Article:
In his inaugural address President Obama referenced Martin Luther King’s words “that our individual freedom is inextricably bound to the freedom of every soul on earth.”
It is hoped that Obama’s embrace of an encompassing internationalism will transcend the narrow nationalism that separates the United States from the rest of the world. The belief of our exceptionalism, our moral superiority, and our right to set the world’s agenda is a barrier to the peaceful resolution of international conflicts and a rationale for militarism and war. The earth and its inhabitants are interconnected and are to be preserved and nurtured.
When a news report informs us that 147 children have been killed in Pakistan by drone strikes, we should mourn and empathize with their families as we would empathize with the families of U.S. troops who have lost their lives in the senseless carnage of war. Compassion and empathy should recognize no boundaries and should not be circumscribed by race, class, gender, or nationality.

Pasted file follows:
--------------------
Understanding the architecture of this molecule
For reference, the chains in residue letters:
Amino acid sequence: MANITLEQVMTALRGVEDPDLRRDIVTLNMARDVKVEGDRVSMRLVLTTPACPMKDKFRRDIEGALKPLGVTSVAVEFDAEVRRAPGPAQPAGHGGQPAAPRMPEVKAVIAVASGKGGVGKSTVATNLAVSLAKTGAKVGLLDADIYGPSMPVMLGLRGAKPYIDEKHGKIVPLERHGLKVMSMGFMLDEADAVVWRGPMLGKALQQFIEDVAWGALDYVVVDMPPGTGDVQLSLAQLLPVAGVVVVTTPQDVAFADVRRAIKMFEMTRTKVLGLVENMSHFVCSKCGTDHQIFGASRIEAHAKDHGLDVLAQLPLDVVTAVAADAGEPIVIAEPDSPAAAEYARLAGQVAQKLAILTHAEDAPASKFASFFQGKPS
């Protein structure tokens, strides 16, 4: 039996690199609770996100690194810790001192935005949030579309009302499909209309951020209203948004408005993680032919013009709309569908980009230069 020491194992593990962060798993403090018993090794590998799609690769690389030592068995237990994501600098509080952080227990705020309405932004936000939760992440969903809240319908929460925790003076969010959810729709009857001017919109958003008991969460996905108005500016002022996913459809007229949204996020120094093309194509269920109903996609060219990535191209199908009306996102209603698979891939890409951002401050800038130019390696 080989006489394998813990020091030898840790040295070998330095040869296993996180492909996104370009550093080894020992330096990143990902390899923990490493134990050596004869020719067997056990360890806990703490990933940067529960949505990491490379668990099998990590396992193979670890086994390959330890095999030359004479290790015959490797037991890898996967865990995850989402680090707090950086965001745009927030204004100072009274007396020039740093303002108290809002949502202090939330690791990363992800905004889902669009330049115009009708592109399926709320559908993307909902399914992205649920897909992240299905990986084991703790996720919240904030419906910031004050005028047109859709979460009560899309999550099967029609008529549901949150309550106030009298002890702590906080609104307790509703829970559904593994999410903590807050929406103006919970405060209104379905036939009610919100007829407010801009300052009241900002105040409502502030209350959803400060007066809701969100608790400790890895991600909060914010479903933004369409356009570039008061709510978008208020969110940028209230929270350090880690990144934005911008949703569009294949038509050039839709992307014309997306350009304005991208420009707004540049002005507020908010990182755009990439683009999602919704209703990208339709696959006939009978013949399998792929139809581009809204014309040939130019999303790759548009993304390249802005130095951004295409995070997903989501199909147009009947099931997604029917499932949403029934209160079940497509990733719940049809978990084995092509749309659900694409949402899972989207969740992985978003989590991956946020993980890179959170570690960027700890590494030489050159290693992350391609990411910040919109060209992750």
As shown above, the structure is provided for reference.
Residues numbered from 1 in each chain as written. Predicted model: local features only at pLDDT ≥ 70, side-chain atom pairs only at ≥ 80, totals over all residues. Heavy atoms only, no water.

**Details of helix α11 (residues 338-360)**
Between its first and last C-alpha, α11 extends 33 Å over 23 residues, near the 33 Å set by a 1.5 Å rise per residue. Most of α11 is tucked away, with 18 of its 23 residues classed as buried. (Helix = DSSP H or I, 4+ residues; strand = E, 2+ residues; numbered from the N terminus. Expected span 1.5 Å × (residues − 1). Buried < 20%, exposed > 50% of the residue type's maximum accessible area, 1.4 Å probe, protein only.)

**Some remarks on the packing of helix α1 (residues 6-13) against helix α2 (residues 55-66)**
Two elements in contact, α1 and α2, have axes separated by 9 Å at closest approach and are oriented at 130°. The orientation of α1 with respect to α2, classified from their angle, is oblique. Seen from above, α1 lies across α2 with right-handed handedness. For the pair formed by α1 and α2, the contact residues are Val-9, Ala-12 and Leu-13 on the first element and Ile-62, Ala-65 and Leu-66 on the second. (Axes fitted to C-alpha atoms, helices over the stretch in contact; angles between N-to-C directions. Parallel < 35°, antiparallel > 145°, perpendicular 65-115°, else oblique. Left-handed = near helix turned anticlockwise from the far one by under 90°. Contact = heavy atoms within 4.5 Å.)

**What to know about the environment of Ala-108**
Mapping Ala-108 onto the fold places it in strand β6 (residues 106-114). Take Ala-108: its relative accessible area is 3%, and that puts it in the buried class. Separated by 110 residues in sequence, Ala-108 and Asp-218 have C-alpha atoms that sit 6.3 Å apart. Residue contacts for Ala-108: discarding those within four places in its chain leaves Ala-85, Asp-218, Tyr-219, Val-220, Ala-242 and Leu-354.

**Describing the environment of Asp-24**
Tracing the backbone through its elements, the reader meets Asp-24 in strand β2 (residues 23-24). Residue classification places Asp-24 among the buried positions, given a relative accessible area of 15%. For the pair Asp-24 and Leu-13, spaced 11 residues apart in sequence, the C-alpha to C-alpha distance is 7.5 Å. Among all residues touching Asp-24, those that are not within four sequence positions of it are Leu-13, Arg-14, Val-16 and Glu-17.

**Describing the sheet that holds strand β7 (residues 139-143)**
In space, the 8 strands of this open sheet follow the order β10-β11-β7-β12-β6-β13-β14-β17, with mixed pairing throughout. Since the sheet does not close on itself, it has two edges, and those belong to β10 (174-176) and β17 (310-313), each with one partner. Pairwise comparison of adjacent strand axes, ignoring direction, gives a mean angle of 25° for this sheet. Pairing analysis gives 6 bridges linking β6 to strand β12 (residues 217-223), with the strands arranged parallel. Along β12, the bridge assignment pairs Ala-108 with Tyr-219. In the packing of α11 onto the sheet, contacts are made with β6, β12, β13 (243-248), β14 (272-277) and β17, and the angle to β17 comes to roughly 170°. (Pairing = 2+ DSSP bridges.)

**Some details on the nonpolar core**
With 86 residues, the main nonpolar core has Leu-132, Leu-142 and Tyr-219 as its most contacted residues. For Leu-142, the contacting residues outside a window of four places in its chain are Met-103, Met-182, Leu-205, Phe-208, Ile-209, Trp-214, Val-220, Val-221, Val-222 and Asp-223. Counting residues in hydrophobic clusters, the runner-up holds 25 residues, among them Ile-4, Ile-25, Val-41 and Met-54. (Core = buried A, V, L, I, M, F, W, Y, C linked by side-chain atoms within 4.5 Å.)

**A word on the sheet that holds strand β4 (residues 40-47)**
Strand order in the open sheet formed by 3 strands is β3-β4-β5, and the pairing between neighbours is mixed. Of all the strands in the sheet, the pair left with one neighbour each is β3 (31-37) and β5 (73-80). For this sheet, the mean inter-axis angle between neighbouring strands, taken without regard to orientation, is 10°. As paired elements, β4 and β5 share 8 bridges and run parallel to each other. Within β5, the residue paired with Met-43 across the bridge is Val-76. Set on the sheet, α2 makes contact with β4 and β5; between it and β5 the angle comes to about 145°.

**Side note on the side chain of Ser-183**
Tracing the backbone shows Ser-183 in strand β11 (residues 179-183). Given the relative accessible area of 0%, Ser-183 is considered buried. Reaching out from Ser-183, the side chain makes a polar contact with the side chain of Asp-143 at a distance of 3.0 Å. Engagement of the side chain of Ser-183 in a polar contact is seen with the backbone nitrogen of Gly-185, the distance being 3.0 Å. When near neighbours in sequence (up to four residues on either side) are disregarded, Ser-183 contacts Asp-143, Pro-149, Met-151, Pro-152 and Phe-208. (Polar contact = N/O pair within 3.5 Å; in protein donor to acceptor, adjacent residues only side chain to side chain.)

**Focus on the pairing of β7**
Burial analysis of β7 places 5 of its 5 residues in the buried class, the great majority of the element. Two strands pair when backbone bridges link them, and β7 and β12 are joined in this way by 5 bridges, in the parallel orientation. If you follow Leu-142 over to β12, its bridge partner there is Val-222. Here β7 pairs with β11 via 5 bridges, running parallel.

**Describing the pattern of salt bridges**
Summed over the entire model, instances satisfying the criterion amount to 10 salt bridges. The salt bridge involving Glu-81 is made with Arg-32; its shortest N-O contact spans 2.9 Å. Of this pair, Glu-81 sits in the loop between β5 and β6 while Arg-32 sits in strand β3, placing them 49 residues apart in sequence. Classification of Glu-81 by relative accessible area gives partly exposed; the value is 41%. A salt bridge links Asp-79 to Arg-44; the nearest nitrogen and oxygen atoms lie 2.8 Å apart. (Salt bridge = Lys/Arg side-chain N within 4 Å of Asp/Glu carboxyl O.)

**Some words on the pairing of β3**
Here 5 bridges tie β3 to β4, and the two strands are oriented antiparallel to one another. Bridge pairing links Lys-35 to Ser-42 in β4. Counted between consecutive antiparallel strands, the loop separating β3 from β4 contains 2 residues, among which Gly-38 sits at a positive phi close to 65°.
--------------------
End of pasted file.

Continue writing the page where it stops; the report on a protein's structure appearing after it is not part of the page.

We can hope that the Arab Spring, the Occupy Wall Street Movement, the uprisings in Europe and throughout the world are harbingers of a transformation taking place in which narrow, parochial nationalisms are being supplanted by a broader, universal internationalism that proclaims we are citizens of the world. We are one people dedicated to living in harmony with the earth and with each other.
If the above internationalist perspective does not evolve into our reality and we continue down the path of resource depletion, of wars, of extreme inequality, and of class conflict, we might well be the inadvertent destroyers of our planet and the life it sustains.
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